On the other hand, you should avoid giving a good reference for an employee whose performance or conduct was unsatisfactory, because this could weaken your case in any claim for unfair dismissal and the new employer could claim damages if the employee proves unsatisfactory and material information was omitted from the reference.

All requests for references should be treated equally and the content should be given careful consideration.

What is the New Employer Looking For?

When an employee is changing jobs the quality of their competence in the job, they did for you will be of little relevance to the new employer as they will have carried out their own assessment of the candidate to ensure that their skills match the position on offer. However, they will be looking for verification of the information which the employee has provided to them such as:-

  • Length of service
  • Position held
  • Salary at date of leaving
  • Honesty and integrity
  • Time keeping
  • Reason for leaving

The reference should be true, accurate and fair, though it does not need to be full and comprehensive. It is increasingly common merely to provide a standard response to references that covers the above points. If you decide to adopt this approach you must apply the rule to all employees and you should inform them that this is your company policy, this could be done with a brief mention in the employee handbook.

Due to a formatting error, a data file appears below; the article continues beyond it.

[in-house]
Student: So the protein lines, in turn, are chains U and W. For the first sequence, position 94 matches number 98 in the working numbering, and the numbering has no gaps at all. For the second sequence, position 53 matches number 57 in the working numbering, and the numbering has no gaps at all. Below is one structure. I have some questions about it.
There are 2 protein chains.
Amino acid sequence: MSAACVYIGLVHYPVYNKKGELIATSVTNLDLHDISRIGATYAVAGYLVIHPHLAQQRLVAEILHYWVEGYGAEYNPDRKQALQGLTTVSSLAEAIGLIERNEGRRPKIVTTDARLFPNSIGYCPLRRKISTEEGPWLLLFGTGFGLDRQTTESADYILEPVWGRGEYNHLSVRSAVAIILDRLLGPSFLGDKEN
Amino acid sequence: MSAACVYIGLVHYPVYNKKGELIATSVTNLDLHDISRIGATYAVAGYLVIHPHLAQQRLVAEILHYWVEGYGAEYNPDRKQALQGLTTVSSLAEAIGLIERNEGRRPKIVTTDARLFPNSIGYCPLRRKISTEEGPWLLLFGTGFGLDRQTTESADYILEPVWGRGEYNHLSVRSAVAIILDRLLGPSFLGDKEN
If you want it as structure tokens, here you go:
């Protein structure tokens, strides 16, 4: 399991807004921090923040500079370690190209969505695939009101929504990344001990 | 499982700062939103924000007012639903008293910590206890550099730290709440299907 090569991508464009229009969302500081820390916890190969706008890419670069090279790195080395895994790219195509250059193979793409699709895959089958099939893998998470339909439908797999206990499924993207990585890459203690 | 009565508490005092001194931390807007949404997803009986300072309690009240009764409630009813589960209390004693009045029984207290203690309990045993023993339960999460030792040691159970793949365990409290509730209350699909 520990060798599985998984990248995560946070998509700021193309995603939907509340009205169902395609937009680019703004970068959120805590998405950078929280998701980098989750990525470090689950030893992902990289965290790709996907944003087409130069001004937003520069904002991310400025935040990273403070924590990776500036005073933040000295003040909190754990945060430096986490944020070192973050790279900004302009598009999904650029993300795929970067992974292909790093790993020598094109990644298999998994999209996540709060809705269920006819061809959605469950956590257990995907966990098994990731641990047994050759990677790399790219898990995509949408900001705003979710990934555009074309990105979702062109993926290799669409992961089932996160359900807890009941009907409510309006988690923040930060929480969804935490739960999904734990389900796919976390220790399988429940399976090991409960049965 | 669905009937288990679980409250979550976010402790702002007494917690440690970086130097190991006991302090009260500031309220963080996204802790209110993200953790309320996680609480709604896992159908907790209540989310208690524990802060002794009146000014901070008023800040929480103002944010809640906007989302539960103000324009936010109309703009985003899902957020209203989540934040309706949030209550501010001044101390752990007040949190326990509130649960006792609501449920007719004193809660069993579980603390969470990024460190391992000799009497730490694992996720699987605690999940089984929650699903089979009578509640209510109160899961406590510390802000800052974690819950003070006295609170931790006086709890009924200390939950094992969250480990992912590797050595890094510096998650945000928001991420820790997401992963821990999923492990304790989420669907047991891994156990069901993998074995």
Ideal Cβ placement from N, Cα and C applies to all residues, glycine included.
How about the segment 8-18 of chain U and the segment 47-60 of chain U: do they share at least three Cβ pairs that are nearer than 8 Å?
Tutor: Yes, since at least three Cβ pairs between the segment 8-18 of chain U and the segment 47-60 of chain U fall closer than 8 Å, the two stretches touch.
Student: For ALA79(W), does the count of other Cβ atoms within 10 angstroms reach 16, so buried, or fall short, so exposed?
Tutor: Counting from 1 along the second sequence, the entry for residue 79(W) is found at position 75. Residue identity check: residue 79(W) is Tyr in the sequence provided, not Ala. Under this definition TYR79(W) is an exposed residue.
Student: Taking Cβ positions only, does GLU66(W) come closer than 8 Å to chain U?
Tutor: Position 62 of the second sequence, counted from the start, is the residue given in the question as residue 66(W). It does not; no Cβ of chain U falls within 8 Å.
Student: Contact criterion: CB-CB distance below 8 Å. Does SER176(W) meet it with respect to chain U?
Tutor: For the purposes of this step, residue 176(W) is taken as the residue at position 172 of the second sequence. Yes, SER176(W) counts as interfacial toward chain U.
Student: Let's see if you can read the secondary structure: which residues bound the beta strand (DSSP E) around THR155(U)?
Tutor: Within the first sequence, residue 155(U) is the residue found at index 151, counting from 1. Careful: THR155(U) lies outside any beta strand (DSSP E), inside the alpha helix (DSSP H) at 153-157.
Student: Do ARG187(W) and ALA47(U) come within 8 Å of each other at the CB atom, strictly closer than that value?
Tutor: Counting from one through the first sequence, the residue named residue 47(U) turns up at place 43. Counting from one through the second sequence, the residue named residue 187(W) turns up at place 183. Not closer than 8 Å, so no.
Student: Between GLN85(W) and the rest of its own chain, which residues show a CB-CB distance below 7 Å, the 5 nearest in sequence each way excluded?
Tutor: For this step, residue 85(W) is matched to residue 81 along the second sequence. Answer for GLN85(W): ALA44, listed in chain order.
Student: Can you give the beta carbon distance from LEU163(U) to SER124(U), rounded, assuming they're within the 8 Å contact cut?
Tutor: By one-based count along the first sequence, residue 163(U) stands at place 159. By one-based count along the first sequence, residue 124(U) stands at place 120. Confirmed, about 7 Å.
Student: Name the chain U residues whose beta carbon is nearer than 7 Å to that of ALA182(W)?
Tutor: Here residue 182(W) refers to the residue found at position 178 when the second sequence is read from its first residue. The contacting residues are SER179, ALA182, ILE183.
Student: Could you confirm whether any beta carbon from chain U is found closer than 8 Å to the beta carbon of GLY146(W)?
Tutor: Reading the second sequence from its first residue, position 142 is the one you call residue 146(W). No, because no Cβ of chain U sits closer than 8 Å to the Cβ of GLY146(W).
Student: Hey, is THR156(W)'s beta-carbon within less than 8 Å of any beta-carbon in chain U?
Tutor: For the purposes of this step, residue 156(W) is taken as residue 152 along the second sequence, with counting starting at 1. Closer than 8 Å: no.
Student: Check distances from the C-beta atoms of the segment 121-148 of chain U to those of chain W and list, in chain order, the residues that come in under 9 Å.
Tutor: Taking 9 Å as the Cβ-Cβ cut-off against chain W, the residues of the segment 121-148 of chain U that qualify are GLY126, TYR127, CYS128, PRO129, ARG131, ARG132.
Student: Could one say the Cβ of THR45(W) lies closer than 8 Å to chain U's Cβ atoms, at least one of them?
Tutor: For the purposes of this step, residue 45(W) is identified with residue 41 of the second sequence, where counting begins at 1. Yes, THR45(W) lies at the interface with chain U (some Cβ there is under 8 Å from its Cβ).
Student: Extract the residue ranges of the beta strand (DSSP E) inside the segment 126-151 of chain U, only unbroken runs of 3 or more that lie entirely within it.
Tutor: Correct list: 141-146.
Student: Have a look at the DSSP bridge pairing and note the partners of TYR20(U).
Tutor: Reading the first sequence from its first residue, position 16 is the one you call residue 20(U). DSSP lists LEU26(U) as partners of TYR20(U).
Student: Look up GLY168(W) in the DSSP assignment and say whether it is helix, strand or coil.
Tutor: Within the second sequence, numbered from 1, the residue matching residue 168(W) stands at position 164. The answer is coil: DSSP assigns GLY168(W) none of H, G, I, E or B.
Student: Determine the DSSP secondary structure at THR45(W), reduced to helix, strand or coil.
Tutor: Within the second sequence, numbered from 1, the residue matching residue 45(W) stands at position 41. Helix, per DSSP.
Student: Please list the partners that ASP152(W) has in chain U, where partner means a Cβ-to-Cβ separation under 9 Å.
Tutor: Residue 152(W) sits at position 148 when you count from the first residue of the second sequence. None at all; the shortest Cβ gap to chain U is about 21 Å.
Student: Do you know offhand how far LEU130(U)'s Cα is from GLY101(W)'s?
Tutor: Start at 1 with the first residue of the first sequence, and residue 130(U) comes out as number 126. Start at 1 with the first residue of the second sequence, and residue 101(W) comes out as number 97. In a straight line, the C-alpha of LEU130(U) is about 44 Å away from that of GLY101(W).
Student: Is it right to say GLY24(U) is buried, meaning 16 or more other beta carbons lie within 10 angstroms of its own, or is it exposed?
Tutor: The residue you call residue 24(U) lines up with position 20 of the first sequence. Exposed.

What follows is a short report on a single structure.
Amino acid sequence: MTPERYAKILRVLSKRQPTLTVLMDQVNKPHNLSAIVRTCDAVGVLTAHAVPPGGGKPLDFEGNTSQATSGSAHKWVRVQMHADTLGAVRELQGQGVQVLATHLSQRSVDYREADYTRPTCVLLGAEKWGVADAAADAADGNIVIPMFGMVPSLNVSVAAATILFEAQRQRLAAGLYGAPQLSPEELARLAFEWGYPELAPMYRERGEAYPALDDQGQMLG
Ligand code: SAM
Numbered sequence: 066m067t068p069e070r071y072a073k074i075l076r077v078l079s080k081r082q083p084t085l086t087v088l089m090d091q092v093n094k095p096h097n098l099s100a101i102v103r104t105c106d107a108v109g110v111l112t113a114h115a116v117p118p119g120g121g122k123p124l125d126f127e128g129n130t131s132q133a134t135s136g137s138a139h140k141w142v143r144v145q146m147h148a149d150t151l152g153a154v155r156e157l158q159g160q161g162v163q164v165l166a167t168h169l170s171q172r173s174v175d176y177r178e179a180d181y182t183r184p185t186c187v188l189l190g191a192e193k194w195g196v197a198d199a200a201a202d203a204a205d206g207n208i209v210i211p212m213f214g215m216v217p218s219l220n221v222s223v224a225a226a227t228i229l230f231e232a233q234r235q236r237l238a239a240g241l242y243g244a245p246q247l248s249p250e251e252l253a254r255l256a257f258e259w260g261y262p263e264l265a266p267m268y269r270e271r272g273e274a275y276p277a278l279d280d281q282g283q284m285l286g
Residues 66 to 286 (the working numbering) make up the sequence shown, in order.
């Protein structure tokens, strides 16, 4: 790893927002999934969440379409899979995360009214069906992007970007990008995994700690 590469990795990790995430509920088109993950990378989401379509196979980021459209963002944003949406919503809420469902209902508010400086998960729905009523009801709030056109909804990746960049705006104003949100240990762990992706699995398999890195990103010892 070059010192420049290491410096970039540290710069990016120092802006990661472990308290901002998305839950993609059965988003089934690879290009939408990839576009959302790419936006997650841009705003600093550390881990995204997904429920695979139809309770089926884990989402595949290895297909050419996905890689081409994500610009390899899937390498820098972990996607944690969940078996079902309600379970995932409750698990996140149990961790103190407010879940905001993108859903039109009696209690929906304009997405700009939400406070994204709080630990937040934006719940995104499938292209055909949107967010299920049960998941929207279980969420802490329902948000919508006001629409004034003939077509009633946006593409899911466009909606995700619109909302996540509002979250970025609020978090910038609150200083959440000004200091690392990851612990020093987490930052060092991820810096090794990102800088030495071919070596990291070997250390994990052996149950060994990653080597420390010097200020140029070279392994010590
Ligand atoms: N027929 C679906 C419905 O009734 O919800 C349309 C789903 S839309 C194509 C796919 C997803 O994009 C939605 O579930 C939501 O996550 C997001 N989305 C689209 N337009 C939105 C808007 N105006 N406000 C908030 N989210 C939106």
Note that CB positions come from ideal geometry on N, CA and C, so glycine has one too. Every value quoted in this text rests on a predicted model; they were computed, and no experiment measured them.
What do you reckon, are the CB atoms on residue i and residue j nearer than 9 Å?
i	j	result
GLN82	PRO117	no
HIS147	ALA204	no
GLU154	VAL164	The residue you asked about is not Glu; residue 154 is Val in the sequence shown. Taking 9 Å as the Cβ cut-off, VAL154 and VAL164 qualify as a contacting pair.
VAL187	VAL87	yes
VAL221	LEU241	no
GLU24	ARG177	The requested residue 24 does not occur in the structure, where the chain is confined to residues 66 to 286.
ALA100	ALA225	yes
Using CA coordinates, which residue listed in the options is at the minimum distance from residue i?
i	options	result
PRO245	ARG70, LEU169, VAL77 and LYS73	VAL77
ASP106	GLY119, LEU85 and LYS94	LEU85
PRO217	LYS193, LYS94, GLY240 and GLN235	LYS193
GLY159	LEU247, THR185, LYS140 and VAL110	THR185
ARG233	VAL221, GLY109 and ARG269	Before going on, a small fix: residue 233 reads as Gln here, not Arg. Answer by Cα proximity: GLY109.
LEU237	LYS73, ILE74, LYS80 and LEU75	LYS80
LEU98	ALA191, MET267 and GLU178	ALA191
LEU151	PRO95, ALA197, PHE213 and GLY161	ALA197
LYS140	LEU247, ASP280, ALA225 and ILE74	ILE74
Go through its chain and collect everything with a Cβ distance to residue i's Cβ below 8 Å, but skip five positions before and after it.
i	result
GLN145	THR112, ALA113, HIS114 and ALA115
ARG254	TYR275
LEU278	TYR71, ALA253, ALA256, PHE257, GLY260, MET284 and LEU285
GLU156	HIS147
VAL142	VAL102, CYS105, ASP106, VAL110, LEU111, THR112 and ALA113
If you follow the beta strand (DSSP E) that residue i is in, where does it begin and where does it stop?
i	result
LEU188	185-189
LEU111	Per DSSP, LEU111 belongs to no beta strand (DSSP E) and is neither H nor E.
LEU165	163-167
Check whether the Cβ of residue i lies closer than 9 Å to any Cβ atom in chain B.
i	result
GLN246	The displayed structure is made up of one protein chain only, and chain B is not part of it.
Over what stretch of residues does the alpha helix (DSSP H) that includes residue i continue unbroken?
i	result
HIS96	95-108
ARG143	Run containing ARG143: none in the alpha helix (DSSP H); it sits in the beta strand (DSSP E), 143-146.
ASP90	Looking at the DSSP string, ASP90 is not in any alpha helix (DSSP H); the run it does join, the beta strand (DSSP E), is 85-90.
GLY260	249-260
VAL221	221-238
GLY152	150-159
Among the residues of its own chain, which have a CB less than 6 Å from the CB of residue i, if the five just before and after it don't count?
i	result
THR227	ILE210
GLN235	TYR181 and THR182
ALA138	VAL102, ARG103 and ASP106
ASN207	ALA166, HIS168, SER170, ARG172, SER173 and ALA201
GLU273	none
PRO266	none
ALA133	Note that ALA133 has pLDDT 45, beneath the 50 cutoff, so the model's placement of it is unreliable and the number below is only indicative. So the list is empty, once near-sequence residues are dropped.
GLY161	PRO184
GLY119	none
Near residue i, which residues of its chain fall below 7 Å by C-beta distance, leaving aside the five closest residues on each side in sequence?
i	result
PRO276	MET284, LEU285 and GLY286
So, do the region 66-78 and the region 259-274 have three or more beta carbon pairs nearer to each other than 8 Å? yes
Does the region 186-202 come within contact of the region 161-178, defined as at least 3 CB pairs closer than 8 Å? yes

Potential employers may also ask for your comments on the applicant’s suitability for the post on offer and personal attributes. It is in these sections of the reference that you can write or speak positively about the applicant, if you so wish. When doing this you should make sure that the information provided is relevant, for example include only comments that are directly related to the position they fill rather than personal comments. Look upon the reference as a review of their time with your company.

What About Negative References?

If you find yourself in the position of having to provide a negative reference you should approach the task with extreme caution. It is unlikely that an employee will request a reference from an employer who was dissatisfied with their work standards but some potential employers will check out a candidate’s backgrounds thoroughly. If you find yourself in this position you are recommended to stick to the following guidelines:-